Myanmar Military Junta Cuts Off Internet

Myanmar protesters are facing the armed police during the demonstration on Feb 14, 2021. (AFP)



Myanmar cut internet service and deployed troops around the country on Monday


In signs of a feared crackdown on anti-coup protests, hours after security forces fired in order to disperse a demonstration in the country's north the network providers pushed the button depriving the majority of the country access to the websites and social media apps.

The junta has recently escalated efforts to quell a burgeoning civil disobedience campaign which is demanding a return of the country's ousted leader Aung San Suu Kyi.

Monday's internet shutdown came soon after live-stream images shared on social media platforms showed military vehicles and soldiers moving through some parts of the country.

Monitoring group Netblocks said the "state-ordered information blackout" had taken Myanmar almost entirely offline.

Troops in Myitkyina fired tear gas then shot at a crowd who gathered in the northern city to stop a rumoured shutdown of the electricity grid. A journalist at the scene said it was unclear whether police had used rubber bullets or live rounds. Local media outlets said at least five journalists monitoring the protest had been detained and published pictures of some people wounded in the incident.

A joint statement from the US, British and European Union ambassadors urged security forces not to harm civilians.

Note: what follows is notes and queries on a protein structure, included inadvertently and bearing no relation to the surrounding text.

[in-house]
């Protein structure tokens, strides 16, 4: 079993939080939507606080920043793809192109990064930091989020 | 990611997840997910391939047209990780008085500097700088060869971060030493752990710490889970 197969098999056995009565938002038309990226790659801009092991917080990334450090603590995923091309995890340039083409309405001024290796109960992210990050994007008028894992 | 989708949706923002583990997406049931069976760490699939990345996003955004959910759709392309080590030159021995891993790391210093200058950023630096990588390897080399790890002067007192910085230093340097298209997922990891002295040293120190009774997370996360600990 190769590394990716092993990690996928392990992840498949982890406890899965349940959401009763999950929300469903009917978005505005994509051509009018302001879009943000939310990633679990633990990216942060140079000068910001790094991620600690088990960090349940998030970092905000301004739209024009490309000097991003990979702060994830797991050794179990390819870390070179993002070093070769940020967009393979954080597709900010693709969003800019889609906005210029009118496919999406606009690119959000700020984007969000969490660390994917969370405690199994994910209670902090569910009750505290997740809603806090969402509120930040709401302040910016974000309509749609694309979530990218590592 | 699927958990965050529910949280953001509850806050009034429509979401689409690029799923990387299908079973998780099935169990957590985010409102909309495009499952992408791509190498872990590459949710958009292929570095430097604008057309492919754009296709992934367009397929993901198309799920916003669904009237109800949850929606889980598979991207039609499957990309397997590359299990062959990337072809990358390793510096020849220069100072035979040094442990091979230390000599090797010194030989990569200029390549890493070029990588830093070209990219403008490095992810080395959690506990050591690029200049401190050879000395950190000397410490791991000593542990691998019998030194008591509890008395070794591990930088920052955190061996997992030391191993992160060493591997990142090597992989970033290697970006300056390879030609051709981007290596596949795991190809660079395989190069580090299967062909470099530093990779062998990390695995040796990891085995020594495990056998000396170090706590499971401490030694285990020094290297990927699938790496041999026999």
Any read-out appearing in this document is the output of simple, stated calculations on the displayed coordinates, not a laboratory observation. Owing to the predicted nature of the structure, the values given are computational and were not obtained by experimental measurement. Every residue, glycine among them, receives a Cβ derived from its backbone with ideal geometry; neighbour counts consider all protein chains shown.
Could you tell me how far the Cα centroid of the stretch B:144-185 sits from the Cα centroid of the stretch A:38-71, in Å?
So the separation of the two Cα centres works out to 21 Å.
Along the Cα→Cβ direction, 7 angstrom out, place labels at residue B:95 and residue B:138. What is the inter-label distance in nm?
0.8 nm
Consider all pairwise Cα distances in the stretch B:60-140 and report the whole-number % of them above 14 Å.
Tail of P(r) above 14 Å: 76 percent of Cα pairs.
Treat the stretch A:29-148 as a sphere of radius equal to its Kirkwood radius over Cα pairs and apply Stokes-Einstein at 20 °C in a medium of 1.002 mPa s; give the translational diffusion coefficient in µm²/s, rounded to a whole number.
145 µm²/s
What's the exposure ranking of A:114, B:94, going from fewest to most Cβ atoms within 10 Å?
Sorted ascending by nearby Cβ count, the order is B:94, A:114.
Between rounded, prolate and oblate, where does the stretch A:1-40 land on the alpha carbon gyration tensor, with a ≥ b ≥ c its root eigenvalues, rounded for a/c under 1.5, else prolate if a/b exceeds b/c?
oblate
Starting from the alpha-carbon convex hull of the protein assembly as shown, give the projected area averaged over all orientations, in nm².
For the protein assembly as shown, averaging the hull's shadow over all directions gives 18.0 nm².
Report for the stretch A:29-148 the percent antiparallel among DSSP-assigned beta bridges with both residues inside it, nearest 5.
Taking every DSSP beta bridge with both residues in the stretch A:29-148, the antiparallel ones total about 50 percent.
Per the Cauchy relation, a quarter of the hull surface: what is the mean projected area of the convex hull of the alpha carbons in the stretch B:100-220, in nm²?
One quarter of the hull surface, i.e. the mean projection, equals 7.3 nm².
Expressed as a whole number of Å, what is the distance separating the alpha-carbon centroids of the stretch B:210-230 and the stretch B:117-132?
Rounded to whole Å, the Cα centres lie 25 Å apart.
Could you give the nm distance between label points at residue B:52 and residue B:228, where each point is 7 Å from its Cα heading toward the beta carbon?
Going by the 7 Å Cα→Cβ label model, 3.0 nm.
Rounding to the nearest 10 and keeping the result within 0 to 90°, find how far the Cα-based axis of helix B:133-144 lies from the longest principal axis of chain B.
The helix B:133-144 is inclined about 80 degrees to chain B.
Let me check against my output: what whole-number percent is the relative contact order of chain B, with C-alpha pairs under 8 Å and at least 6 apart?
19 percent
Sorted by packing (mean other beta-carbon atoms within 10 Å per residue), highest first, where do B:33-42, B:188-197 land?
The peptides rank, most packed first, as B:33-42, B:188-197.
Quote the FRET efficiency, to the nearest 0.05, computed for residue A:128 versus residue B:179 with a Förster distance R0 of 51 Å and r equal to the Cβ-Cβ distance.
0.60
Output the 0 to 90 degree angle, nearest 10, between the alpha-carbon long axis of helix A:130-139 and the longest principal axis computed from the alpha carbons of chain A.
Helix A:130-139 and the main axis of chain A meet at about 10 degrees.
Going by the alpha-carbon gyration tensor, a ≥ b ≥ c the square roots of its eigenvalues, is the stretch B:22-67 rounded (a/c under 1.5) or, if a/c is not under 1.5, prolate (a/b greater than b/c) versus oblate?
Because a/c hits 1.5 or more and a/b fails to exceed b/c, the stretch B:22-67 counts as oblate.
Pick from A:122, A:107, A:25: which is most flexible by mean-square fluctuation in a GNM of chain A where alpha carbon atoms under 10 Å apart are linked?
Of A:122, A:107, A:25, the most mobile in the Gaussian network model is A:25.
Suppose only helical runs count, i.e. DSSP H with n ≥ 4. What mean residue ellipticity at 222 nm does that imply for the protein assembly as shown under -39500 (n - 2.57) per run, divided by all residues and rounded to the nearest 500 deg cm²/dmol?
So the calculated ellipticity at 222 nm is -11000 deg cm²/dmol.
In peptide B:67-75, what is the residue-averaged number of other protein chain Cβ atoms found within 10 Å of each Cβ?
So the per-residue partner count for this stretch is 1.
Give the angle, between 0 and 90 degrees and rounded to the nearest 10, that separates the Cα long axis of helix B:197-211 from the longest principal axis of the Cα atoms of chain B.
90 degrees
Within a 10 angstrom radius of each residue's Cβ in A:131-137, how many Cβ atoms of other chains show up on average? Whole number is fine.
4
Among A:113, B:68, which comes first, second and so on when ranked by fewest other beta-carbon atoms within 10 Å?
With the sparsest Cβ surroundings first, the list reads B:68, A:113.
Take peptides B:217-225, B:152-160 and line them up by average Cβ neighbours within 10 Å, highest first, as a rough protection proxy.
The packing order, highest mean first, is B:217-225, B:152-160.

"We call on security forces to refrain from violence against demonstrators, who are protesting the overthrow of their legitimate government," they said.

The US embassy advised American citizens to shelter in place and not risk defying an overnight curfew imposed by the regime.

UN special rapporteur Tom Andrews said the junta efforts to rein in the country's burgeoning protest movement was a sign of "desperation" and amounted to a declaration of war against its own people.


Crackdown on the protesters against the coup

An internet blackout last weekend failed to quell resistance that has seen huge crowds throng big urban centres and isolated frontier villages alike.

Striking workers who spearheaded the campaign are among at least 400 people to have been detained since the coup, the Assistance Association for Political Prisoners monitoring group said.

But fear of arrest did not deter big crowds from returning to streets around the country for a ninth straight day of street protests on Sunday.

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